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We have created these dos and don’ts on designing for accessibility as a way of approaching accessibility from a design perspective. Accessibility supports vision & hearing impaired as well as neurodiverse individuals.

The Dos And Don’ts

The do’s and don’ts of designing for accessibility are general guidelines, however, they are fast becoming the best practice for making services accessible to those who need them. There are currently, six areas that provided assistance to users in these areas: low vision, deaf and hard of hearing, dyslexia, motor disabilities, users on the autistic spectrum and users of screen readers.

Accessibility And Design

The dos, include using things like good colour contrasts, easy-to-read font sizes and linear layouts. In fact, good design principles should be applicable to everyone visiting your website, not just those with access needs.

The aim of the accessibility list is to raise awareness of fairly common conditions through education on good design practices.

You may have a specific style or brand that you want to promote and think adopting an accessibility design may detract from that, however, using the list as guidelines will provide a compromise between your style and the accessibility of users.

Accessibility List

Understanding accessibility in conjunction with design means we can build better services for everyone, regardless of their access needs.

Designing For Autistic Users


– use simple colours

– write in plain English

– use simple sentences and bullets

– make buttons descriptive – for example, Attach files

– build simple and consistent layouts


– use bright contrasting colours

– use figures of speech and idioms

– create a wall of text

– make buttons vague and unpredictable – for example, Click here

– build complex and cluttered layouts

– Designing For Users of Screen Readers

Designing For Sight Impaired Users


– describe images and provide transcripts for video

– follow a linear, logical layout

– structure content using HTML5

– build for keyboard use only

– write descriptive links and heading – for example, Contact us


– only show information in an image or video

– spread content all over a page

– rely on text size and placement for structure

– force mouse or screen use

– write uninformative links and heading – for example, Click here

Designing For Users With Low Vision


– use good contrasts and a readable font size

– publish all information on web pages (HTML)

– use a combination of colour, shapes, and text

– follow a linear, logical layout -and ensure text flows and is visible when text is magnified to 200%

– put buttons and notifications in context


– use low colour contrasts and small font size

– bury information in downloads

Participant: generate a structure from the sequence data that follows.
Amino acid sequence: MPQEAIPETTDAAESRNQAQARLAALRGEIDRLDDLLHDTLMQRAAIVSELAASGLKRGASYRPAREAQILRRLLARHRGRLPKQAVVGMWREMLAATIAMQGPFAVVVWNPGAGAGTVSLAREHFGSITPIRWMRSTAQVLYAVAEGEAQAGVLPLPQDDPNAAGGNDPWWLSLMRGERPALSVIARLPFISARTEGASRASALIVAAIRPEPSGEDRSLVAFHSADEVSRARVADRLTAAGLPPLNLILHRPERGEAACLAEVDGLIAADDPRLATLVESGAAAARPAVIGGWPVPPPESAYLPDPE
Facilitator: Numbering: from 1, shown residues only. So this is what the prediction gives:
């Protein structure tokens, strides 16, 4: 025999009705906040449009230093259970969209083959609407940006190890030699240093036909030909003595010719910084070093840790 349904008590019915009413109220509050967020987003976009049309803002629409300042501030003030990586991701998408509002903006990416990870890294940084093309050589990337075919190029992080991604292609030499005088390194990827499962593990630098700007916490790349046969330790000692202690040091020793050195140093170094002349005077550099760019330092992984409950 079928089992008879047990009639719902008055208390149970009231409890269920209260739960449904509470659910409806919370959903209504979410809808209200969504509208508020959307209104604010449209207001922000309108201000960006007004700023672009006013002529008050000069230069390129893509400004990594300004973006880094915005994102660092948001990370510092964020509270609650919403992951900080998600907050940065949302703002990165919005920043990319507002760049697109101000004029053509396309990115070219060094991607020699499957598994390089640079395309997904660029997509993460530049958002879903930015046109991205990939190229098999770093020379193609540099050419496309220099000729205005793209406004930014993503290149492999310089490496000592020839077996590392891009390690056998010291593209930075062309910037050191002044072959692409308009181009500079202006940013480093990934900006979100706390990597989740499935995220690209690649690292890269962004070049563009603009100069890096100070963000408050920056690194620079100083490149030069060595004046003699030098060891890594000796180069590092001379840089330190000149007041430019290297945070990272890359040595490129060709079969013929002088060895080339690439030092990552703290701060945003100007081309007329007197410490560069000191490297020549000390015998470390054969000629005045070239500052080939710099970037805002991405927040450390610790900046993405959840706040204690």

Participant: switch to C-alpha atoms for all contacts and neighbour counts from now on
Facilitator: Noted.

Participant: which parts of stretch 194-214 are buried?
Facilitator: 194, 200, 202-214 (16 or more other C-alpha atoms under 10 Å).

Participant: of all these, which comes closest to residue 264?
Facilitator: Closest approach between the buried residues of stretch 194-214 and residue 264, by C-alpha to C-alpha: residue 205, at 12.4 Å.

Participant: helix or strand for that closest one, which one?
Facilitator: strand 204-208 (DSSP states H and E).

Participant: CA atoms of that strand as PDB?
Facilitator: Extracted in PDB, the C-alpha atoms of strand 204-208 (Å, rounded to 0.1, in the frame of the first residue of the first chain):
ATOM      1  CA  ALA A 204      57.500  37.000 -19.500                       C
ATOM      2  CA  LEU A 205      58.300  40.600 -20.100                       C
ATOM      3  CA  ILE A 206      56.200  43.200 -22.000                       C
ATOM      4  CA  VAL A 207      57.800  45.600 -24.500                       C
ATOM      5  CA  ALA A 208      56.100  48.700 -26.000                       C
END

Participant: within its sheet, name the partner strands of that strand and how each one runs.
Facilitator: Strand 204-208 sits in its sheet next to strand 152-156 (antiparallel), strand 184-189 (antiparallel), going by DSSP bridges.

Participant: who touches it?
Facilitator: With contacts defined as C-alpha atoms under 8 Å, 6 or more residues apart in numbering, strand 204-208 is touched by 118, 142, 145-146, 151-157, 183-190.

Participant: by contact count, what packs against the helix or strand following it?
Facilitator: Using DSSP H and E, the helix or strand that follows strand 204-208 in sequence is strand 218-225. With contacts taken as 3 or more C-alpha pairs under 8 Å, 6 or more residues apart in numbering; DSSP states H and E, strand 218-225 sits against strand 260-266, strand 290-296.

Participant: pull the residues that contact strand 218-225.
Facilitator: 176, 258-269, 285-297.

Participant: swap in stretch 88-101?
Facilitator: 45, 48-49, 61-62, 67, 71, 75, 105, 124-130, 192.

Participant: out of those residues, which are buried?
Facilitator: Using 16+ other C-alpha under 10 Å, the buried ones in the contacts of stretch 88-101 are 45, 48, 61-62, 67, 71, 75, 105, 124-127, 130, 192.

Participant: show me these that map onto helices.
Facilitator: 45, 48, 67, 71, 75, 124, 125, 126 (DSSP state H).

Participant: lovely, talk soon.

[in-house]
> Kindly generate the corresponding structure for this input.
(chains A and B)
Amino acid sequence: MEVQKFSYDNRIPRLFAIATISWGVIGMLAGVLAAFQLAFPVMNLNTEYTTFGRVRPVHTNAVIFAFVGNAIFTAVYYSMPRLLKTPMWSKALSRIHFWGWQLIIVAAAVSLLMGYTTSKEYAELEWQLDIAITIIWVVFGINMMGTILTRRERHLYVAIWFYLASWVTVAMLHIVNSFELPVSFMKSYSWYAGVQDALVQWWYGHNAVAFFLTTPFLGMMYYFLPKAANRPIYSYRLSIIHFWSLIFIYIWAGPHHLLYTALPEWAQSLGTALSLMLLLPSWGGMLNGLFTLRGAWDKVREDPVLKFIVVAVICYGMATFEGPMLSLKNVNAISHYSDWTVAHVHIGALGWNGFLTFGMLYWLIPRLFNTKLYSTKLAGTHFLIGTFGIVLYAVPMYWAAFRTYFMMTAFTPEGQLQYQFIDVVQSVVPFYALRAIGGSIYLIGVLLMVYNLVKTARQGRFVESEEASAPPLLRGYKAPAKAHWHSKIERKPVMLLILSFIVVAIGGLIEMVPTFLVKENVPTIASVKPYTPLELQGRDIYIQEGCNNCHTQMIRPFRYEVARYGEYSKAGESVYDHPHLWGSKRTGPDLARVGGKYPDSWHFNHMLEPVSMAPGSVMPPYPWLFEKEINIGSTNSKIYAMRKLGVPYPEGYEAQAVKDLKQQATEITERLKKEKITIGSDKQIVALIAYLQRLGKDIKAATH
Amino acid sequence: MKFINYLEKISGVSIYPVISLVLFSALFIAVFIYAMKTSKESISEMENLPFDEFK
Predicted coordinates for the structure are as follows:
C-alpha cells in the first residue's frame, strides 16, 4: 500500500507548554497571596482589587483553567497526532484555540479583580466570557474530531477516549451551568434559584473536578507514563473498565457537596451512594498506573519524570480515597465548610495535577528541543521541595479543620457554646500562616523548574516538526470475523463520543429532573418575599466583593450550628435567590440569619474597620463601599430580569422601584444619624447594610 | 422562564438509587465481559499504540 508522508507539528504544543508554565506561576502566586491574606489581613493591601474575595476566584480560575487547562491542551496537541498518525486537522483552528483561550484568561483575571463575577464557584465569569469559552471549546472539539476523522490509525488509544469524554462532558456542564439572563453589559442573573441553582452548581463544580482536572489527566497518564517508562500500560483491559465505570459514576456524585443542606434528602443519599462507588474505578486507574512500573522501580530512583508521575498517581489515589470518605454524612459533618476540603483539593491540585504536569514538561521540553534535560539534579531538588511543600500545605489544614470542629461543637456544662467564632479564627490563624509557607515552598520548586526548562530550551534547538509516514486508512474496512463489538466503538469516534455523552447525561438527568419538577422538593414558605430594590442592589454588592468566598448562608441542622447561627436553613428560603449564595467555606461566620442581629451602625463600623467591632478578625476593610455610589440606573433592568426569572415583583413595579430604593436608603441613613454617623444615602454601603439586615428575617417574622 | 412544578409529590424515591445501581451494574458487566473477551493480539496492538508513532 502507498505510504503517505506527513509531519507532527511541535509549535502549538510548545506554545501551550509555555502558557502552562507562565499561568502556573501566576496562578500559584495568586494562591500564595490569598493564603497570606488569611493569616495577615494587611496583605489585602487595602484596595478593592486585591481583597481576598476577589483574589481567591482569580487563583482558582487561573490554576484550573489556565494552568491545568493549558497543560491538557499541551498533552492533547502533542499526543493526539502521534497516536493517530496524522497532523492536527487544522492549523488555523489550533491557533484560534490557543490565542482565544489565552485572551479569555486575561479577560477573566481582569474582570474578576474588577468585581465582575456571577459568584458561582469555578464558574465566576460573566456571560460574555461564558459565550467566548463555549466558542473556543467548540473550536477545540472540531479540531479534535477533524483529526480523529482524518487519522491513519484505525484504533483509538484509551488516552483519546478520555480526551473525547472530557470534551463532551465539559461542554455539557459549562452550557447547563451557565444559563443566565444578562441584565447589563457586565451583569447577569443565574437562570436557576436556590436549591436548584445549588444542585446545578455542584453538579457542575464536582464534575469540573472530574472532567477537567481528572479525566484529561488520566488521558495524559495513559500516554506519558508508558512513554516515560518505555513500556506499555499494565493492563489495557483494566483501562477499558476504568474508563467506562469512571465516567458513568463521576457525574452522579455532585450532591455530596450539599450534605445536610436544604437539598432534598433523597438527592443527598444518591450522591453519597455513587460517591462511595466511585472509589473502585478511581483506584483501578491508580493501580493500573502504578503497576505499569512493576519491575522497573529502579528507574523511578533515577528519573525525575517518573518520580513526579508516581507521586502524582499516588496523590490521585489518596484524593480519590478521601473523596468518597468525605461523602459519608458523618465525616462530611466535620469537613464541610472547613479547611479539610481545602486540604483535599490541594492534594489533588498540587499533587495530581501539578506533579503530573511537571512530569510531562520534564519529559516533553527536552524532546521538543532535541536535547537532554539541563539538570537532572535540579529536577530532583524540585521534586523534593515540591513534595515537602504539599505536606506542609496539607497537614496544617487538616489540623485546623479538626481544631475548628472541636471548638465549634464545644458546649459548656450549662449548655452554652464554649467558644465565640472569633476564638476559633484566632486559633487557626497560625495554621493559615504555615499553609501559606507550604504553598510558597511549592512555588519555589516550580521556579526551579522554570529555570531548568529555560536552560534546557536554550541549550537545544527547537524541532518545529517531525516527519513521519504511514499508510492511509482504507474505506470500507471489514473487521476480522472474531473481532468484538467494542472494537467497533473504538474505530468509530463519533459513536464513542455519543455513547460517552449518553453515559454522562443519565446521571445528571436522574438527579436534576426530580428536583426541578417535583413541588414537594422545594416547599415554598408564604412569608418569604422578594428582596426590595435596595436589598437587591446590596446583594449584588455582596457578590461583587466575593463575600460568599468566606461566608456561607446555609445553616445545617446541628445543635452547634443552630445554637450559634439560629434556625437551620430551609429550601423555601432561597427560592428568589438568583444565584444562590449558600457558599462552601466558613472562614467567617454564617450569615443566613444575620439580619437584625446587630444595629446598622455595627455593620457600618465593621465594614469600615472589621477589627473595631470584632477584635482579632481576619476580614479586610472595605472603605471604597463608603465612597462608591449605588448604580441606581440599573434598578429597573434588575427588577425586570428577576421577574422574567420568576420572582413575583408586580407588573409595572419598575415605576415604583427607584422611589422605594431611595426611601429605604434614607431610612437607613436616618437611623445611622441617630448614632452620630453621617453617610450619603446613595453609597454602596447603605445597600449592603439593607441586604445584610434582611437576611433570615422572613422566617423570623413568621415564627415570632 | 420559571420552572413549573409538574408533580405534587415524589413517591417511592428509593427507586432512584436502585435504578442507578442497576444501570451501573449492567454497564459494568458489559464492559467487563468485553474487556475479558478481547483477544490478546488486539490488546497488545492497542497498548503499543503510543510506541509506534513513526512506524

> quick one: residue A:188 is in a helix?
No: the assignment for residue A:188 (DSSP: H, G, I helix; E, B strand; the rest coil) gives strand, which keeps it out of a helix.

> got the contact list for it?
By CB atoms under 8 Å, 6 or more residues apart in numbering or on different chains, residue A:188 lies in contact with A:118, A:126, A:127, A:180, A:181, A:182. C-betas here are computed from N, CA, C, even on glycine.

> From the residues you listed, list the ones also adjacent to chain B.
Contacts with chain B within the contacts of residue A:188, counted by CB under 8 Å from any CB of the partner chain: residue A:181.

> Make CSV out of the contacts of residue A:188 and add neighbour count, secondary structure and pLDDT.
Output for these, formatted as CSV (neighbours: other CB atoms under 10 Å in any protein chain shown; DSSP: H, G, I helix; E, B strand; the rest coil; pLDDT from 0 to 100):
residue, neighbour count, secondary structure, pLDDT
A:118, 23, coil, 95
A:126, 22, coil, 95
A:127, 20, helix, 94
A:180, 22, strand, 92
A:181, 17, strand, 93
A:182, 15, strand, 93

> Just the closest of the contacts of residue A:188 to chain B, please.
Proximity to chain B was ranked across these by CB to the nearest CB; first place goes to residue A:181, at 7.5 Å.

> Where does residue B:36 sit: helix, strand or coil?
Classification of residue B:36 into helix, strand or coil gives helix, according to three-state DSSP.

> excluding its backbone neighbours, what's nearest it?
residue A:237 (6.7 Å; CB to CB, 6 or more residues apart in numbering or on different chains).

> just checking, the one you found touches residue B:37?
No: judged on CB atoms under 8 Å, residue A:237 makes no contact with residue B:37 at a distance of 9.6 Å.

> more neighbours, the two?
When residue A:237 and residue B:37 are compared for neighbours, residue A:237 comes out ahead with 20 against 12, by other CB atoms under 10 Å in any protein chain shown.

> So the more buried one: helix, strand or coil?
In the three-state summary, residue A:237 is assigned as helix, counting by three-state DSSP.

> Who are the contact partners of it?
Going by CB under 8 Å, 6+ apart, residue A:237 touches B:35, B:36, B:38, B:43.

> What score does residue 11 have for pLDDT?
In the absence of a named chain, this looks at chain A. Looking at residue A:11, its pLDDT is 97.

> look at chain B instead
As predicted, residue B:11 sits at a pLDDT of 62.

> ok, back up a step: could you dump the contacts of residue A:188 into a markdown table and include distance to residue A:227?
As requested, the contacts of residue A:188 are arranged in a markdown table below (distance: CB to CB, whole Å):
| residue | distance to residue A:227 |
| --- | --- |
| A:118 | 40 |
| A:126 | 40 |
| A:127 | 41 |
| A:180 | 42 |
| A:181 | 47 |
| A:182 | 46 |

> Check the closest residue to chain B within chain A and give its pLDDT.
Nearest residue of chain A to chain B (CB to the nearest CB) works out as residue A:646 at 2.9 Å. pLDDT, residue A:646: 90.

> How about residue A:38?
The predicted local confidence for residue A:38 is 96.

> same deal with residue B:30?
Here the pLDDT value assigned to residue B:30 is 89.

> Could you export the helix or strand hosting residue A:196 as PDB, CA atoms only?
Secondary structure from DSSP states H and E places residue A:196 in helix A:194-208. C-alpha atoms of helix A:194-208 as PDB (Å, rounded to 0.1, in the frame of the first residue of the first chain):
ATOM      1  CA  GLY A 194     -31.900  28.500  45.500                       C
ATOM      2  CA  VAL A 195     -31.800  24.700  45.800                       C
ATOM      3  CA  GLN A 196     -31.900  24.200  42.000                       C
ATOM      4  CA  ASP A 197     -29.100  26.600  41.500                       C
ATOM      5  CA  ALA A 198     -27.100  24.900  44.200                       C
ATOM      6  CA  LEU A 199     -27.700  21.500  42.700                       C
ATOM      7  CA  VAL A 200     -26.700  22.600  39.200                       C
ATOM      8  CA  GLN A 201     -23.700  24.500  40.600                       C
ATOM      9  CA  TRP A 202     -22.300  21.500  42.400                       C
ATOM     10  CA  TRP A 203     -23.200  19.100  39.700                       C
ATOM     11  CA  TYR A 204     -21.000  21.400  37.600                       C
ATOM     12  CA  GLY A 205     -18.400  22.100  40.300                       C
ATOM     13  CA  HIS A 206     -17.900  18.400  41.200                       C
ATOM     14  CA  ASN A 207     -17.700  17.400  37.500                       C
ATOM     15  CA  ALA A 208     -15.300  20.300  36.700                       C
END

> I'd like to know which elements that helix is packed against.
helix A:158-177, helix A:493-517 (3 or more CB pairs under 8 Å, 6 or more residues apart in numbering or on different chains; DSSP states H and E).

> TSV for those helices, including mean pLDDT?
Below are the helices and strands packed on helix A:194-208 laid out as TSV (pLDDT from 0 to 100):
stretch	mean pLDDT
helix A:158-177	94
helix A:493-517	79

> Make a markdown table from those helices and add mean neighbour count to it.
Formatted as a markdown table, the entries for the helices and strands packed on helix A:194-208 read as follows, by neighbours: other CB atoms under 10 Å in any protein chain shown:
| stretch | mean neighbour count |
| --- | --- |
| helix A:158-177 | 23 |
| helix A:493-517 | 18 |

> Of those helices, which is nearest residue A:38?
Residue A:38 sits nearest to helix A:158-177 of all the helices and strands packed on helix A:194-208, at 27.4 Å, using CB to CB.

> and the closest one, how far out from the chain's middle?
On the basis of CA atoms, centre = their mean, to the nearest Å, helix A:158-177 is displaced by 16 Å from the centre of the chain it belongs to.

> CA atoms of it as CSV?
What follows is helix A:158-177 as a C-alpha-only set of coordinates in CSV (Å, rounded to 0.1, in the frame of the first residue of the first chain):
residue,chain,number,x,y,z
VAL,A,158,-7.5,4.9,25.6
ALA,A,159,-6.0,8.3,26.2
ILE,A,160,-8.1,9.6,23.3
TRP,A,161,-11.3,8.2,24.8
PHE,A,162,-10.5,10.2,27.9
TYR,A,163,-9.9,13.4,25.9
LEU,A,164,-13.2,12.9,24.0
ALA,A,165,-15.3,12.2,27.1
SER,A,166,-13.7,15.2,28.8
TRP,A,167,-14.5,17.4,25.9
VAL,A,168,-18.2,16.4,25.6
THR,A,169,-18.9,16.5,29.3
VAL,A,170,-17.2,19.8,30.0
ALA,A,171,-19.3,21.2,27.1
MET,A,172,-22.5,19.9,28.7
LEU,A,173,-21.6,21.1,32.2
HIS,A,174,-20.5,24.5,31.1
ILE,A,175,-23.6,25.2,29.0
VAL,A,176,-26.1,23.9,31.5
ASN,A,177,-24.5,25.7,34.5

– only use colour to convey meaning

– spread content all over a page -and force the user to scroll horizontally when text is magnified to 200%

– separate actions from their context

Designing For Users With Physical Or Motor Disabilities


– make large clickable actions

– give form fields space

– design for keyboard or speech only use

– design with mobile and touch screen in mind

– provide shortcuts


– demand precision

– bunch interactions together

– make dynamic content that requires a lot of mouse movement

– have short time-out windows

– tire users with lots of typing and scrolling

Designing For Users Who Are Deaf Or Hard Of Hearing


– write in plain English

– use subtitles or provide transcripts for video

– use a linear, logical layout

– break up content with sub-headings, images, and videos

– let users ask for their preferred communication support when booking appointments


– use complicated words or figures of speech

– put content in audio or video only

– make complex layouts and menus

– make users read long blocks of content

– don’t make telephone the only means of contact for users

Designing For Users With Dyslexia


– use images and diagrams to support text

– align text to the left and keep a consistent layout

– consider producing materials in other formats (for example, audio and video)

– keep content short, clear, and simple

– let users change the contrast between background and text


– use large blocks of heavy text

– underline words, use italics or write capitals

– force users to remember things from previous pages – give reminders and prompts

– rely on accurate spelling – use autocorrect or provide suggestions

– put too much information in one place

Would you like a review of your website’s accessibility? Contact us today to find out how this can be ‘done-for-you’.

Author: Donna Blackwood

Tags Categories Accessibility
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Copyright © 2022 Umbrella Alliance Social Enterprises. All Rights Reserved.
ACN: 662 159 346 ABN: 74662159346 | Website Made with ☂️ by Manage My Marketing